Although today's family has changed, the workplace has not—and the resulting one-size-fits-all workplace has become profoundly mismatched to the needs of an increasingly diverse and varied workforce. As changes in the composition of the workforce exert new demands on employers, considerable attention is being paid to how workplaces can be structured more flexibly to achieve the goals of employers and employees.
Workplace Flexibility brings together sixteen essays authored by leading experts in economics, demography, political science, law, sociology, anthropology, and management. Collectively, they make the case for workplace flexibility, as well as examine existing business practices and public policy regarding flexibility in the United States, Europe, Australia, and Japan. Workplace Flexibility underscores the need to realign the structure of work in time and place with the needs of the changing workforce.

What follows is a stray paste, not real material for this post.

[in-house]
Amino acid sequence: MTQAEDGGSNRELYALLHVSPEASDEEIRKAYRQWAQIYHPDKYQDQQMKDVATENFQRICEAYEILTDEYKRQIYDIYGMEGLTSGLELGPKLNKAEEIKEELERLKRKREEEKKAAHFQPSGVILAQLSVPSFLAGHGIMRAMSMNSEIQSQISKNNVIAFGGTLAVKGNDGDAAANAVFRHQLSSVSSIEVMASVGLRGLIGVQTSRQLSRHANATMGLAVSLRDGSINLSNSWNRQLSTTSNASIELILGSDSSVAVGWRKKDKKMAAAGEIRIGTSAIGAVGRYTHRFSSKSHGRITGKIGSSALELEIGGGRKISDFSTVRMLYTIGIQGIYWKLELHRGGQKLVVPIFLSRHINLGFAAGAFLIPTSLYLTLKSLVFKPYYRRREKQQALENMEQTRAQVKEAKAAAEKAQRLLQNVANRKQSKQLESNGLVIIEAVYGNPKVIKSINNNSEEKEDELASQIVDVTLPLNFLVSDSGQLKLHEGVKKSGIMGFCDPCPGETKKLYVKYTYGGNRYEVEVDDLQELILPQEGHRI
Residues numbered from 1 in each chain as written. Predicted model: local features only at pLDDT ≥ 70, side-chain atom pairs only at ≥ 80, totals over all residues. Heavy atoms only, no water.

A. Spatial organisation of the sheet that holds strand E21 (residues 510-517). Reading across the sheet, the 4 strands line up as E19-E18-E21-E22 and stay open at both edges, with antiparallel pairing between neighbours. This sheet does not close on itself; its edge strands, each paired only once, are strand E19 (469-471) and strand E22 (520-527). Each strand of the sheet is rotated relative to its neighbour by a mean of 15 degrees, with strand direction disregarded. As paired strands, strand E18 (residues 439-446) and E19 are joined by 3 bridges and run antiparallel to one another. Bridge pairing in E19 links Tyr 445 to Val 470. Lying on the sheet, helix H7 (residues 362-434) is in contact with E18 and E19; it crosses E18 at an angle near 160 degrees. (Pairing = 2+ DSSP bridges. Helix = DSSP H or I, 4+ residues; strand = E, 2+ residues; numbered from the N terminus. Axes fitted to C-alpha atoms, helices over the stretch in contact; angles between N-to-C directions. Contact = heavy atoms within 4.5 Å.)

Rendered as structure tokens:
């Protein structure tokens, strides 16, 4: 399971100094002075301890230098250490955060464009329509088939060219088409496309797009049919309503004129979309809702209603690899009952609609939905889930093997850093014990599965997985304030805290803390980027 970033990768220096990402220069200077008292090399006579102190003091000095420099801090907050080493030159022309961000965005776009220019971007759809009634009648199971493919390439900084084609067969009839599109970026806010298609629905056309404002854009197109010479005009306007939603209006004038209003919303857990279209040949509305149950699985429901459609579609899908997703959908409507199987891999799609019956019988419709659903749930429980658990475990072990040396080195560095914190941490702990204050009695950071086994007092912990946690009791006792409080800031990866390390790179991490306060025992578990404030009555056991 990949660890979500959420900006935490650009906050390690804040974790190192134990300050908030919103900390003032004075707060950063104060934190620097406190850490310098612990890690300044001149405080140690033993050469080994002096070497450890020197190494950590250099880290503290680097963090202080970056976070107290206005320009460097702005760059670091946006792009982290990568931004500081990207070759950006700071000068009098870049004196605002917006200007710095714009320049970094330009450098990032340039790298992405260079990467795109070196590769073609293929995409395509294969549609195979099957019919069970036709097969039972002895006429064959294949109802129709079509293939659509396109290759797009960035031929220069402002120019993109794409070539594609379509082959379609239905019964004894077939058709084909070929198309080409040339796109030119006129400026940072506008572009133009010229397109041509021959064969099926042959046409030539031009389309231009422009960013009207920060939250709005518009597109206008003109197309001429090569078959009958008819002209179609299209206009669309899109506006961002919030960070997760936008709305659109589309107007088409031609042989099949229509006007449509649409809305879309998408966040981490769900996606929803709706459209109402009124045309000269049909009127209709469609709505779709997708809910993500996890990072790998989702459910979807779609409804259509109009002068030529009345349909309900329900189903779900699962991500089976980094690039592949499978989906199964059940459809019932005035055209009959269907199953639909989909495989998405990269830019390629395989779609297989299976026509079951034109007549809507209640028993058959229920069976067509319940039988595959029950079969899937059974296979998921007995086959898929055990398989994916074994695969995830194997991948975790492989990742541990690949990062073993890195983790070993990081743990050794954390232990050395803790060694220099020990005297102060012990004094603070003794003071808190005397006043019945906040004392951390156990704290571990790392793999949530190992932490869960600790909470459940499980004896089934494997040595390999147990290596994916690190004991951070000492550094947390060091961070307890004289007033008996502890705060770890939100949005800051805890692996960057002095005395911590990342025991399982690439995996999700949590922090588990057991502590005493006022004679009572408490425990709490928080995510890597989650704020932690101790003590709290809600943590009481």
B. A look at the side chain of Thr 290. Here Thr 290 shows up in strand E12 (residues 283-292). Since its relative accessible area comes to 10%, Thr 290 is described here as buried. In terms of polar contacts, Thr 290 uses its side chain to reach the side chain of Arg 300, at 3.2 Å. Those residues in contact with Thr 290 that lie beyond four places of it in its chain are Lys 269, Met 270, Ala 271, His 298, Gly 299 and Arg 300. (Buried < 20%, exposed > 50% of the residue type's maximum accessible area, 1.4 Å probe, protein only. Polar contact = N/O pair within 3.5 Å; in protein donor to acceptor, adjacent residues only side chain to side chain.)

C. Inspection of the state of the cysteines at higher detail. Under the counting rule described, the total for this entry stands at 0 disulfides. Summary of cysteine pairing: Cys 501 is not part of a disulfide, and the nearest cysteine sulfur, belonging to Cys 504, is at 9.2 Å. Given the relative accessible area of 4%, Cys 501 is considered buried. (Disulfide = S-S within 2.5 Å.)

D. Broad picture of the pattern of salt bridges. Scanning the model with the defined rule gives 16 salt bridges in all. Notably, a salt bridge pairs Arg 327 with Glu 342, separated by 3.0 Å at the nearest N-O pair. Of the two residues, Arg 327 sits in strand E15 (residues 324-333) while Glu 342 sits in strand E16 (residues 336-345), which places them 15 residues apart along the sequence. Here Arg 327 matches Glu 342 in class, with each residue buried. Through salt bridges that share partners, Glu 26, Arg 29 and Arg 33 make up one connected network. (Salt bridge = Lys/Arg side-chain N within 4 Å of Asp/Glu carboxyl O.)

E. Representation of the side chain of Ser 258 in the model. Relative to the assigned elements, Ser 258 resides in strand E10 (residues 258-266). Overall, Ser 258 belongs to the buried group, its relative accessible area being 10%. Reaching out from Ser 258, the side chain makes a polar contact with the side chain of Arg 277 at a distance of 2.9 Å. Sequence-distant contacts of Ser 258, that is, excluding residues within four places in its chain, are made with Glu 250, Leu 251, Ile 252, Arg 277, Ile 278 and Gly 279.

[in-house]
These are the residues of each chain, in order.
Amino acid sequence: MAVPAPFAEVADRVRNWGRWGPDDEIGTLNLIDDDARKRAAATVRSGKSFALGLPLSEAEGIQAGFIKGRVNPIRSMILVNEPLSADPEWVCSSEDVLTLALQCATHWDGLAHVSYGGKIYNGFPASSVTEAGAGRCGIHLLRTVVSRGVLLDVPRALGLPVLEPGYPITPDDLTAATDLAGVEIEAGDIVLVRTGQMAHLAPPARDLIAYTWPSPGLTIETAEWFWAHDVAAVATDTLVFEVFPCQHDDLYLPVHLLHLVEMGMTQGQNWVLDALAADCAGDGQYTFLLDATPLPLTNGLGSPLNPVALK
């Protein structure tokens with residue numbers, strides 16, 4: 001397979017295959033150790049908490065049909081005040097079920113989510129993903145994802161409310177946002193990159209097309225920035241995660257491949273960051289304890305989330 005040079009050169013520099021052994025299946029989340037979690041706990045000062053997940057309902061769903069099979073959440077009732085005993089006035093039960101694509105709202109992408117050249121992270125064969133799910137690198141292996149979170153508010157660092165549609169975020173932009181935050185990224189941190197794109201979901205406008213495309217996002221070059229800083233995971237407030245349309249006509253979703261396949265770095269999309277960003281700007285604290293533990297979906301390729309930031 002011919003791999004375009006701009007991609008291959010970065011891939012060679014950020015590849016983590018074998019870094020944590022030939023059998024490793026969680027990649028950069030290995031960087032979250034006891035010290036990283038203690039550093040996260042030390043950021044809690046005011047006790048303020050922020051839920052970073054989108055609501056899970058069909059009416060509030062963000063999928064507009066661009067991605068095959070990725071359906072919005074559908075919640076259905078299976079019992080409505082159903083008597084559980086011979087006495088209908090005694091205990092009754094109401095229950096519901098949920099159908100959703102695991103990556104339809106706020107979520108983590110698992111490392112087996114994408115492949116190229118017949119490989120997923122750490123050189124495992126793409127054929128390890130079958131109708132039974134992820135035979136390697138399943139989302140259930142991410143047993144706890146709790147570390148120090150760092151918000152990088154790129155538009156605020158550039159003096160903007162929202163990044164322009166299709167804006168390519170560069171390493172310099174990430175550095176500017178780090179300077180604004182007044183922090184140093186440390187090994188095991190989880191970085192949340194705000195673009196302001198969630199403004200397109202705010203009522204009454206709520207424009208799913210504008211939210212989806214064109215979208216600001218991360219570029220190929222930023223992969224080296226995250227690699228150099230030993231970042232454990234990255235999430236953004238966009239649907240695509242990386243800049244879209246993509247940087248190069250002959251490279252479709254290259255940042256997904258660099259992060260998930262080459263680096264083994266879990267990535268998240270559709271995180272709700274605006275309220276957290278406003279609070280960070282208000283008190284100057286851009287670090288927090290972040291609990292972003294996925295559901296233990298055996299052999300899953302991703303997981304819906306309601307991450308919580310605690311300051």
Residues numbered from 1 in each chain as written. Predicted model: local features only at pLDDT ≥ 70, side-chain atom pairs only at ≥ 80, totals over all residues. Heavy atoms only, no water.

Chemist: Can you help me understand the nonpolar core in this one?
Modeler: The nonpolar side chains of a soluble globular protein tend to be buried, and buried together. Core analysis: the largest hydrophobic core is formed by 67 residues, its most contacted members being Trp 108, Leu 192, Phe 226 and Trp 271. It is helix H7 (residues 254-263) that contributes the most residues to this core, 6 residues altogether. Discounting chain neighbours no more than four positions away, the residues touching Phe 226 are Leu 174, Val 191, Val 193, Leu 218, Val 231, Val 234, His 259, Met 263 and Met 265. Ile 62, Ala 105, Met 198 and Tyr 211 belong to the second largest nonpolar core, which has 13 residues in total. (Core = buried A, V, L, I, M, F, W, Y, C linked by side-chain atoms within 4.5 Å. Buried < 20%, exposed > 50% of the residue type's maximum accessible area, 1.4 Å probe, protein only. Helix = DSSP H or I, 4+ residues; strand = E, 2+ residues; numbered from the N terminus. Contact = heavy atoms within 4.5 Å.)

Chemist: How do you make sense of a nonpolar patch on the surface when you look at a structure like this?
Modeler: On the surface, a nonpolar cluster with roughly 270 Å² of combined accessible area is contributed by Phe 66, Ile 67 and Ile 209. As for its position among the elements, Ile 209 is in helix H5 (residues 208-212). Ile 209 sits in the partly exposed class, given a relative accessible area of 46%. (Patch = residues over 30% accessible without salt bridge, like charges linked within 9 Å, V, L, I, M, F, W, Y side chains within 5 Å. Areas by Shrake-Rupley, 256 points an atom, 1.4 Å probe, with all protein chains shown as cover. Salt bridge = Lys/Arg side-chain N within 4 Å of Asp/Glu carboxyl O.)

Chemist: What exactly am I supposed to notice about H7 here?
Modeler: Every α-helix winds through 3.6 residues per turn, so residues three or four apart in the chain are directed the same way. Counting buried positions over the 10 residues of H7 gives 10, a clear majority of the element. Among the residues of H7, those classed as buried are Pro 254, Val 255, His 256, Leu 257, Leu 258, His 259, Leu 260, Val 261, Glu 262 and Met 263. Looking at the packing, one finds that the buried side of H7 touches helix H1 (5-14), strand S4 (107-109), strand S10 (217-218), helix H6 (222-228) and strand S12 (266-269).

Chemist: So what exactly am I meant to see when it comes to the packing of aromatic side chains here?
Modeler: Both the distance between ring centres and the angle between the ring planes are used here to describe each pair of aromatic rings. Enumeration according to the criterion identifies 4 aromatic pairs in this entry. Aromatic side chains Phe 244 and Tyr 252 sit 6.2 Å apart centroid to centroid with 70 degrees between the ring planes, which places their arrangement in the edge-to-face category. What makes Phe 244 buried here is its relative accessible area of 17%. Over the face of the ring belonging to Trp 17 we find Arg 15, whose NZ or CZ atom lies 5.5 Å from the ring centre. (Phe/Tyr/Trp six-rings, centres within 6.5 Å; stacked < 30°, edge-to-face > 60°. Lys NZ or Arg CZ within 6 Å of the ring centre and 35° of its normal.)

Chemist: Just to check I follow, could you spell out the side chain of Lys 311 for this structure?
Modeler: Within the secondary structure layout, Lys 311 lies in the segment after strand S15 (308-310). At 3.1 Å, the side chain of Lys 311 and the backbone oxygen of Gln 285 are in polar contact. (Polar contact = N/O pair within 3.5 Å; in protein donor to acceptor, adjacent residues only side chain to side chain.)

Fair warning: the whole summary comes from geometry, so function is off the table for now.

Considering the positive and negative consequences for employer and employee alike, the authors argue that, although there is not an easy solution to creating and implementing flexibility practices—in the United States or abroad—redesigning the workplace is essential if today's workers are effectively to meet the demands of life and work and if employers are successfully able to attract and retain top talent and improve performance.